Botswana shows keen interest in SA court system

By Mokgethwa Ngoepe, Internal Communication

The Minister of Justice and Correctional Services, Advocate Michael Masutha, MP, recently welcomed delegates and members of the Botswana judiciary who are on a five day visit to South Africa to learn more on the country’s judiciary system.

Advocate Masutha welcomed the delegates including the Gaborone High Court Division Judge Oagile Key Dingake, Judge Mercy Garekwe, Mr Bafi Nianda and Ms Juliana Angela Dube-Akande. They are on a five-day visit in the country, from 1 – 5 June 2015.

The Botswana judiciary, which is currently experiencing challenges in the proper administration of justice, came to South Africa to learn more on how the country’s courts operates particularly in managing finances in courts.

During discussions, the Botswana delegation indicated that their country sometimes ran out of money for running judicial functions including funds for travelling of magistrates and judges. Judge Dingake said; “These administrative problems result in courts not functioning effectively and efficiently, hence we came to South Africa to learn more in these areas of operation.”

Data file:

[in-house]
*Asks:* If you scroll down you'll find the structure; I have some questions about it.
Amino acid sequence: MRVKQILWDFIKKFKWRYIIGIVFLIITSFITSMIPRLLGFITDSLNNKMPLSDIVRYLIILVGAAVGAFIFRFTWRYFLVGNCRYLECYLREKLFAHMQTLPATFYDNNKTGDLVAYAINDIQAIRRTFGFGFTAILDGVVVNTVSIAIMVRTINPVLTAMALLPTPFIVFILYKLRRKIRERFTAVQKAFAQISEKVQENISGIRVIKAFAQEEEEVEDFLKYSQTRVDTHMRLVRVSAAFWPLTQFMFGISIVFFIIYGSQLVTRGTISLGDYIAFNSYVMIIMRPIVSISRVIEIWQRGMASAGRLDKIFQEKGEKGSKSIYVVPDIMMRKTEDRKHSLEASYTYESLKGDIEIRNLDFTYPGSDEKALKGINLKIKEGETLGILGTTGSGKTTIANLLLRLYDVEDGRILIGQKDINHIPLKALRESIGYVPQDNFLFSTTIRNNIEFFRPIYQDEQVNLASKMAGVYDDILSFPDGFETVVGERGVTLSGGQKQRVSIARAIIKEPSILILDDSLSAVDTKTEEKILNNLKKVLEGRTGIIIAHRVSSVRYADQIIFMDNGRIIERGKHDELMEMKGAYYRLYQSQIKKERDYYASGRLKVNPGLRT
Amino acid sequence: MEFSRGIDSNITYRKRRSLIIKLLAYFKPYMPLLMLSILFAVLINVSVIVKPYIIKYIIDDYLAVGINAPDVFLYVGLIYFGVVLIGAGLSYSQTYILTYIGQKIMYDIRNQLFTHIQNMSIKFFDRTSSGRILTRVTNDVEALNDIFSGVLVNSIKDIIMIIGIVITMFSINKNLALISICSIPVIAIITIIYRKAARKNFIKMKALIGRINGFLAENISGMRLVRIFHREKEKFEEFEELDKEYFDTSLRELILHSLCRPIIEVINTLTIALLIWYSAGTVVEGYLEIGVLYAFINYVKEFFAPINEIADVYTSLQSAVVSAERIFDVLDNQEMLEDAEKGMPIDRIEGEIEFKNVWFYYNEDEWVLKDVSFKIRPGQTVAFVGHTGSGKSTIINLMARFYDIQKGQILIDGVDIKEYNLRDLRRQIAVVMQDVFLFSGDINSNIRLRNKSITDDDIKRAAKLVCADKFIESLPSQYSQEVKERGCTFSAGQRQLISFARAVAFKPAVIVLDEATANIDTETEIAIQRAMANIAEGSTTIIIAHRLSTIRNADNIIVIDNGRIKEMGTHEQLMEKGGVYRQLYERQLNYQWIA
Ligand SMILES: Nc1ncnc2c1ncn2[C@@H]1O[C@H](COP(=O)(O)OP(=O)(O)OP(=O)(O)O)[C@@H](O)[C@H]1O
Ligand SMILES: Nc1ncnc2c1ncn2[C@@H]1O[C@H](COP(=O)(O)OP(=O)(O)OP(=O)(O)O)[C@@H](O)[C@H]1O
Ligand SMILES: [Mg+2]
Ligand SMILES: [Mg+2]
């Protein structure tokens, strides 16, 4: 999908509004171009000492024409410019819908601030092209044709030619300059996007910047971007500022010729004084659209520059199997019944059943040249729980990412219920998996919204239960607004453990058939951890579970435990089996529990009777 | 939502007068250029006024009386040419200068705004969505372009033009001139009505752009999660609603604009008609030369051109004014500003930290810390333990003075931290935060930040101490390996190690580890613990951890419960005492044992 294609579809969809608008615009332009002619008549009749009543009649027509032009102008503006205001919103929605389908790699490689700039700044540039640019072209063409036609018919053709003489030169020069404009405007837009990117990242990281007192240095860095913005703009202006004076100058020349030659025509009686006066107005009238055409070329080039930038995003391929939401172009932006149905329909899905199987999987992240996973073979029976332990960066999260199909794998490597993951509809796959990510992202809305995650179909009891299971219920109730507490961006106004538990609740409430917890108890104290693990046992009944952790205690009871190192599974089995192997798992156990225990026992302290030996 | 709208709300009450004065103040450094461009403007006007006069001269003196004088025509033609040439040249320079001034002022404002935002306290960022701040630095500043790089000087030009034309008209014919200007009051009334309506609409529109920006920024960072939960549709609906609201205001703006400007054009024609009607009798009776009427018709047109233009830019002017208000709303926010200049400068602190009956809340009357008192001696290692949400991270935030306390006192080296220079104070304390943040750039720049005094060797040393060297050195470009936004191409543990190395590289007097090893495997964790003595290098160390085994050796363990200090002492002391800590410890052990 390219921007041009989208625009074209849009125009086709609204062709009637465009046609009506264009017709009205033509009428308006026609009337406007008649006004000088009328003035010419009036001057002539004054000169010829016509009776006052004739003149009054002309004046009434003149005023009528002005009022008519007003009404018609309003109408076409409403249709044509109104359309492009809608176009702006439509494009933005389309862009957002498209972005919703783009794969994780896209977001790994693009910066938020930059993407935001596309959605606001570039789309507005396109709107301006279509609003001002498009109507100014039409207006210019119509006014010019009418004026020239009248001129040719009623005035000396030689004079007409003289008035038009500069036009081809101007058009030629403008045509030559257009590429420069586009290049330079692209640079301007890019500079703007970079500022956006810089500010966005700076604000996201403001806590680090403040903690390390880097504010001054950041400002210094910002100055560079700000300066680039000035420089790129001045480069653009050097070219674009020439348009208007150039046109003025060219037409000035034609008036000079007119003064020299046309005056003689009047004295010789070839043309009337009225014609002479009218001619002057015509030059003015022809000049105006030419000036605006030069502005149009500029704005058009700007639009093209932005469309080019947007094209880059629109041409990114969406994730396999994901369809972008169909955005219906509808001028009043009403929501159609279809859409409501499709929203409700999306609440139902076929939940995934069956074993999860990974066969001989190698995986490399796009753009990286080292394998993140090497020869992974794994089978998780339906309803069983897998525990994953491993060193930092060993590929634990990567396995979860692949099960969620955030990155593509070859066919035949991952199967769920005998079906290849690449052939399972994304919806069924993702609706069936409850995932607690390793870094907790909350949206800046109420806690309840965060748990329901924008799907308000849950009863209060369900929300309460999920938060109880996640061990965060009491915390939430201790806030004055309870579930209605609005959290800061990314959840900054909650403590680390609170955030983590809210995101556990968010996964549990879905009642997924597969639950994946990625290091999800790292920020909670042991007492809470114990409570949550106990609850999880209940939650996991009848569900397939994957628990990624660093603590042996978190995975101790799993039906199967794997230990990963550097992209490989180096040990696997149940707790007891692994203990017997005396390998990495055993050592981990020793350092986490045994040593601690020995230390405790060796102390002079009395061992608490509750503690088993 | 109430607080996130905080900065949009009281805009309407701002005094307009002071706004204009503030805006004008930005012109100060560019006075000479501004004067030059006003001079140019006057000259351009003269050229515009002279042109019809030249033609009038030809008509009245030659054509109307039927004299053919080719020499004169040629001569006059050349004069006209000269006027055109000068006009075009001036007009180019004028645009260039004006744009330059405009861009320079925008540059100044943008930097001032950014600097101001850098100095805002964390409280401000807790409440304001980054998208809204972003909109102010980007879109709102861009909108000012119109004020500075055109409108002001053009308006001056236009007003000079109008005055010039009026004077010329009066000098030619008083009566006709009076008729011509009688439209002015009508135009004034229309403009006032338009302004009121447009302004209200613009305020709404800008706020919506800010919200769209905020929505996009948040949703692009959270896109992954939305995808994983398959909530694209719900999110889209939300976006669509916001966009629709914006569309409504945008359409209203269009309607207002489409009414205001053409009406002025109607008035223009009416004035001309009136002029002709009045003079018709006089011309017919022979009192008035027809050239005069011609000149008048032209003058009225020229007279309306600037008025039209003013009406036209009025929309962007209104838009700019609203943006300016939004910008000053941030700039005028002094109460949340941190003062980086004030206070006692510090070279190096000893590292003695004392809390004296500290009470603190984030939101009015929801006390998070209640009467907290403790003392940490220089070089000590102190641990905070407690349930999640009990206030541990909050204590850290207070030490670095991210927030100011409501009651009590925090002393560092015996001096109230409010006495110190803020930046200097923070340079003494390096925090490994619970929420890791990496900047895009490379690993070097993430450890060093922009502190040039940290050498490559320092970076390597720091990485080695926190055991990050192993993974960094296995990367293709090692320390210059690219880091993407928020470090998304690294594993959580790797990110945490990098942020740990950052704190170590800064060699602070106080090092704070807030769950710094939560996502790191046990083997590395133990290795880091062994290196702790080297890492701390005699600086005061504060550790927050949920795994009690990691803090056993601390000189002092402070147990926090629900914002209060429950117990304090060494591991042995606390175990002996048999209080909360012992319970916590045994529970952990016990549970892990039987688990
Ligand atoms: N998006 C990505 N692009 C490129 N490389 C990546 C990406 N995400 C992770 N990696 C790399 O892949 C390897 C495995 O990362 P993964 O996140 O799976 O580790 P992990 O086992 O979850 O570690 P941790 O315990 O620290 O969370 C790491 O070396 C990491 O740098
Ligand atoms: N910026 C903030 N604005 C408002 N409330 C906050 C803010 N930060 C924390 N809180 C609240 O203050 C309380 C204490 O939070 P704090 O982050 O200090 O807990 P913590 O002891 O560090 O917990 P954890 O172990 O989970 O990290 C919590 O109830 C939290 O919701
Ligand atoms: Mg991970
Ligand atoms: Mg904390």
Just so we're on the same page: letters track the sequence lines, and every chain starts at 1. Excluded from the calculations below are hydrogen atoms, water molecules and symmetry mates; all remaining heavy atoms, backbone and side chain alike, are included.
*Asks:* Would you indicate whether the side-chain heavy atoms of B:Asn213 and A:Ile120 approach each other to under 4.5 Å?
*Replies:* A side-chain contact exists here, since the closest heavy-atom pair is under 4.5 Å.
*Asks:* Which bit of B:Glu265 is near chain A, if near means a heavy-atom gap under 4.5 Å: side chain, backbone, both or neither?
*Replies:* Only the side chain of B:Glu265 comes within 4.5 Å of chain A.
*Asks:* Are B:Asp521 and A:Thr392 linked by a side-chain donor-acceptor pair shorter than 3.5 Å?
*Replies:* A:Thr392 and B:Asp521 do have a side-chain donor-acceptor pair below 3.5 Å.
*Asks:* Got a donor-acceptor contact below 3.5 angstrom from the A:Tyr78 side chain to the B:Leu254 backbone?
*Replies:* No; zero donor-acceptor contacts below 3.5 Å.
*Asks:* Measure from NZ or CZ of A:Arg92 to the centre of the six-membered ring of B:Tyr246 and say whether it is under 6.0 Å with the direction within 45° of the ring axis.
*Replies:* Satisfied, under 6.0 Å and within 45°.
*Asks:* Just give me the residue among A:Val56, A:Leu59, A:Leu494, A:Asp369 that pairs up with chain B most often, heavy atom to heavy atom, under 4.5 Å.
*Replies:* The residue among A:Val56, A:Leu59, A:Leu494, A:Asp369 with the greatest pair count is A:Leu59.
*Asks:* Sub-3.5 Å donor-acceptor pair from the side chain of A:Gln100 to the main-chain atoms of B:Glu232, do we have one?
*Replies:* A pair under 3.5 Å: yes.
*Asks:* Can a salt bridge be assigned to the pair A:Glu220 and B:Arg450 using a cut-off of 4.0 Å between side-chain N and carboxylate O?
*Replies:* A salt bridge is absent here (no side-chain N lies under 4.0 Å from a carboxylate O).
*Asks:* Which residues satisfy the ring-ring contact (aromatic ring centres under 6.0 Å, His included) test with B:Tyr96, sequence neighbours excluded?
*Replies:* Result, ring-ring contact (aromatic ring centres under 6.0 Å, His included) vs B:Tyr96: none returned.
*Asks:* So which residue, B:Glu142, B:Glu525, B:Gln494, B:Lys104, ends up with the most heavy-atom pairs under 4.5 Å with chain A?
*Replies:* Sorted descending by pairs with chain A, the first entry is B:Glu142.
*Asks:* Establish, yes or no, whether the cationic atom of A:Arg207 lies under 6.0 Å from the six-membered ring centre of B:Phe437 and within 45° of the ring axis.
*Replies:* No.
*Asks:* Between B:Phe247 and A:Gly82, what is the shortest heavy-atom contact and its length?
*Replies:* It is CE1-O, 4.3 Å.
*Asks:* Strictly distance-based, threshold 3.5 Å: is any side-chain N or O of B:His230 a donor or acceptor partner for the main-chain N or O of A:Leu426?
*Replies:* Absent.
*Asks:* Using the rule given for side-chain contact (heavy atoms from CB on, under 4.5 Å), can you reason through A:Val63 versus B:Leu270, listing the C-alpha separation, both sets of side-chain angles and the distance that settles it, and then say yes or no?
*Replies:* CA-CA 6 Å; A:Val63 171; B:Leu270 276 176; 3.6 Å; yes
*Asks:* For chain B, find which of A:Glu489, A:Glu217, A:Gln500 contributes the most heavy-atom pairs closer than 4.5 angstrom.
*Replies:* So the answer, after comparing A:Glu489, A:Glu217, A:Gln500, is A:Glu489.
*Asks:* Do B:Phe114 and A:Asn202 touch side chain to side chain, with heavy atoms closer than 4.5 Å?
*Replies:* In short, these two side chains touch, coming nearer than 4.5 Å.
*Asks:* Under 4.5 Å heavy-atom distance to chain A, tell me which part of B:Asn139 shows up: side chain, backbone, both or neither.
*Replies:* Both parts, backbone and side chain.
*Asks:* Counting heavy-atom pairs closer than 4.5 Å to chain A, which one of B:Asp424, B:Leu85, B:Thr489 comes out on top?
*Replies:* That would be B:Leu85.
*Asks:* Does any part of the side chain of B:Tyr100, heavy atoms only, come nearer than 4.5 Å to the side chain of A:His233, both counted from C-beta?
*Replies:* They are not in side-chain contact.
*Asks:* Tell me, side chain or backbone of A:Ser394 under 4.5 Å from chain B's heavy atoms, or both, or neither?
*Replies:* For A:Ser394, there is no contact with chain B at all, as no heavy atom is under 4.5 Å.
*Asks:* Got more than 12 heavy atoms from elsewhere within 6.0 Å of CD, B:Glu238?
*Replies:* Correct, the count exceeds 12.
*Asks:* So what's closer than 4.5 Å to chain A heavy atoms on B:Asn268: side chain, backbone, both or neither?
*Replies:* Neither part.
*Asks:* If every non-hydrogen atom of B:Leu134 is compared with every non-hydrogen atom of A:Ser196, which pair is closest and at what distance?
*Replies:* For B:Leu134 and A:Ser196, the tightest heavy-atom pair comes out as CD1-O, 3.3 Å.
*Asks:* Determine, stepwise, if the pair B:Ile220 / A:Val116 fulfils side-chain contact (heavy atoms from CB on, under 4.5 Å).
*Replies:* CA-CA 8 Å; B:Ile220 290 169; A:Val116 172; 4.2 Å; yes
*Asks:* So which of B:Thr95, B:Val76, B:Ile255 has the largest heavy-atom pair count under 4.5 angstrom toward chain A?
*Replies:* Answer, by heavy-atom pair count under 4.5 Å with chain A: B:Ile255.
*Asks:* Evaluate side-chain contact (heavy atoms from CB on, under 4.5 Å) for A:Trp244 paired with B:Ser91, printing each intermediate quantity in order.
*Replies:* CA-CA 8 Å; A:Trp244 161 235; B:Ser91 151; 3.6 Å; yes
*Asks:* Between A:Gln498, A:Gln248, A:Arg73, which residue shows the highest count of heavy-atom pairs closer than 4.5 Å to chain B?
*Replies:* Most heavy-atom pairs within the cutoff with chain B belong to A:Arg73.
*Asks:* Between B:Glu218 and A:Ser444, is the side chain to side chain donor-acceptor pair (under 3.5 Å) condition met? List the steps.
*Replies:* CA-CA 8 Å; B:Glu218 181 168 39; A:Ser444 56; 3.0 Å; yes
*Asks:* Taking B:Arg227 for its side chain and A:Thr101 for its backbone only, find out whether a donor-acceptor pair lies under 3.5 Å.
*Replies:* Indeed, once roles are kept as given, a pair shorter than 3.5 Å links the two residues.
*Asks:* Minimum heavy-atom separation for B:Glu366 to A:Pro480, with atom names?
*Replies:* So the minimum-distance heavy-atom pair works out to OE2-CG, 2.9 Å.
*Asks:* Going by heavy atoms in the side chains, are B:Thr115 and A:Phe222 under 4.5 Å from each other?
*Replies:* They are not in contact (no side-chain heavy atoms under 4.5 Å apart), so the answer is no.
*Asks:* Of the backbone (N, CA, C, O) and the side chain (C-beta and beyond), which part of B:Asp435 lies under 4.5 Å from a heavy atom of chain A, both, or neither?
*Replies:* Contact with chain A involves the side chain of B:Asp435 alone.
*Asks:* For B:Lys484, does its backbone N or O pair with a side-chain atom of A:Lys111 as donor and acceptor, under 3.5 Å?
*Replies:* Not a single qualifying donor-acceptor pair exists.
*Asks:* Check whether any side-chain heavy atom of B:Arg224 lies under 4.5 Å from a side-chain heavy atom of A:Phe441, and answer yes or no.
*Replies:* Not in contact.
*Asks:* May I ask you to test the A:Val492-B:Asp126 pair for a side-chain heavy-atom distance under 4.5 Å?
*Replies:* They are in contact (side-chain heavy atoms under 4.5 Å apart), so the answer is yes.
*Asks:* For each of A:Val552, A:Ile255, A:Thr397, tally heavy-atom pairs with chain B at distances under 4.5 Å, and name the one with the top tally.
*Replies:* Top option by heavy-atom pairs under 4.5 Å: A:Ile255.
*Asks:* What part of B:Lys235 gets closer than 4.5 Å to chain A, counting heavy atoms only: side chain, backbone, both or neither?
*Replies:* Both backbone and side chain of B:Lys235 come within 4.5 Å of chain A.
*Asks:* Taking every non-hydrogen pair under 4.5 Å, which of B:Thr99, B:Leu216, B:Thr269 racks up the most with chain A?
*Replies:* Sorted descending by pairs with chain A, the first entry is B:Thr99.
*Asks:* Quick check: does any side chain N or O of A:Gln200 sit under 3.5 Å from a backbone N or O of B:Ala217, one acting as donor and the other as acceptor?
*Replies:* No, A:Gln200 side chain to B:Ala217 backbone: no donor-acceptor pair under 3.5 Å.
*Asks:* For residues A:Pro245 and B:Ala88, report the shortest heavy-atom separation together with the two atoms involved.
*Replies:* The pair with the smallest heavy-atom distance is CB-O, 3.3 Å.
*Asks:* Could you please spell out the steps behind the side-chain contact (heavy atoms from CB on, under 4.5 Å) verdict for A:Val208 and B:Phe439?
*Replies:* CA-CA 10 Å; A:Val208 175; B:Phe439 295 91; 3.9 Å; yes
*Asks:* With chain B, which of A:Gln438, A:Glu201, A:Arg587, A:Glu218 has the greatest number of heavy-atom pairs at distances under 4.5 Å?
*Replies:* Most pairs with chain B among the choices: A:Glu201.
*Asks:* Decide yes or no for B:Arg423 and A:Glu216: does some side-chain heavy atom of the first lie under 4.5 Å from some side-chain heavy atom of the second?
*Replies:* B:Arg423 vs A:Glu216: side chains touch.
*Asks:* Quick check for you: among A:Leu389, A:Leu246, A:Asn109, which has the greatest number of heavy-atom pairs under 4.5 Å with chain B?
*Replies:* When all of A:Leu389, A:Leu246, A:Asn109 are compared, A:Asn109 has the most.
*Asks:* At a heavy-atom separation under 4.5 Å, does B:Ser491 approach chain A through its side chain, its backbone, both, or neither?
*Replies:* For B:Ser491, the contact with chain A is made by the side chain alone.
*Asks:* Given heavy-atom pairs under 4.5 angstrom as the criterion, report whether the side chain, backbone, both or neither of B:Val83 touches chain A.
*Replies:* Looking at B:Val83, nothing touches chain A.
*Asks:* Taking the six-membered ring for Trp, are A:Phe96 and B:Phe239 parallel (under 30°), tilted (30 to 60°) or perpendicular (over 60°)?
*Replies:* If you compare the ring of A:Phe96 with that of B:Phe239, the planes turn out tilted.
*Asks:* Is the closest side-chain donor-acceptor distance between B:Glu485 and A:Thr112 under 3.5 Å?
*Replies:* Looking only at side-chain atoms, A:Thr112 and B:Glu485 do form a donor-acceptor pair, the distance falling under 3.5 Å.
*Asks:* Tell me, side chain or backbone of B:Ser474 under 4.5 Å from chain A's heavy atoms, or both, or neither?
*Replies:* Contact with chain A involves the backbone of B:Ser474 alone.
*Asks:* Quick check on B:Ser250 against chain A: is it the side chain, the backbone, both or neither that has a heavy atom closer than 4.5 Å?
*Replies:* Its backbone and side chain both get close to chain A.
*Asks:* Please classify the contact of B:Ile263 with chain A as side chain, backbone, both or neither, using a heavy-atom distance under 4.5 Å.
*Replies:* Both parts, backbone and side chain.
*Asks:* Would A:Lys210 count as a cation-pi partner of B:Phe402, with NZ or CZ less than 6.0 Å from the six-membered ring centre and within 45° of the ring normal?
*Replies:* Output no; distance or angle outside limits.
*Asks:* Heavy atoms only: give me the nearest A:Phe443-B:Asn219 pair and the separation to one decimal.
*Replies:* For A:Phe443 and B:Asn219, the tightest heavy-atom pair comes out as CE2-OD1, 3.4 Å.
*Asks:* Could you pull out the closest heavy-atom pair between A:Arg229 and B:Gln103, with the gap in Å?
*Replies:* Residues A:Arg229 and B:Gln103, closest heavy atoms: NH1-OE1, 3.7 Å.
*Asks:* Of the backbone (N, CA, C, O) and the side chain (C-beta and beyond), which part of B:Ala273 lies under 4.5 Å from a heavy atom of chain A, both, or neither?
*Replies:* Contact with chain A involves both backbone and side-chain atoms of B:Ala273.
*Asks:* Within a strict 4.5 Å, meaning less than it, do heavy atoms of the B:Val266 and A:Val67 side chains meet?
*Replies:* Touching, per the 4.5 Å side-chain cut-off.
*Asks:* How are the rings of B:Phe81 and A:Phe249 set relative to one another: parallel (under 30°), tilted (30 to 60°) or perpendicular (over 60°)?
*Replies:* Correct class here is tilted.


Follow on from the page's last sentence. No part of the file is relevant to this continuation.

The visit was also aimed at conducting a benchmarking exercise on the institutional and financial independence of the judiciary of the Republic of South Africa, given the fact that the Office of the Chief Justice (OCJ) got its vote account for the first time, as announced by Minister Masutha in his Budget Vote speech recently.

The minister thanked the Botswana delegation for their willingness to improve their financial management and also emulate what the South African judiciary is doing with regards to the effective functioning of courts whilst avoiding case backlogs.

“The management of the judicial functions of each court is the responsibility of the head of court including any matter affecting the dignity, accessibility, effectiveness, efficiency or functioning of courts,” remarked the minister.

He added that the OCJ, as head of the judiciary as contemplated in Section 165 (6) of the Constitution, has the responsibility over establishing and monitoring the norms and standards in exercising the judicial functions of all courts.



Published: 09 Jun 2015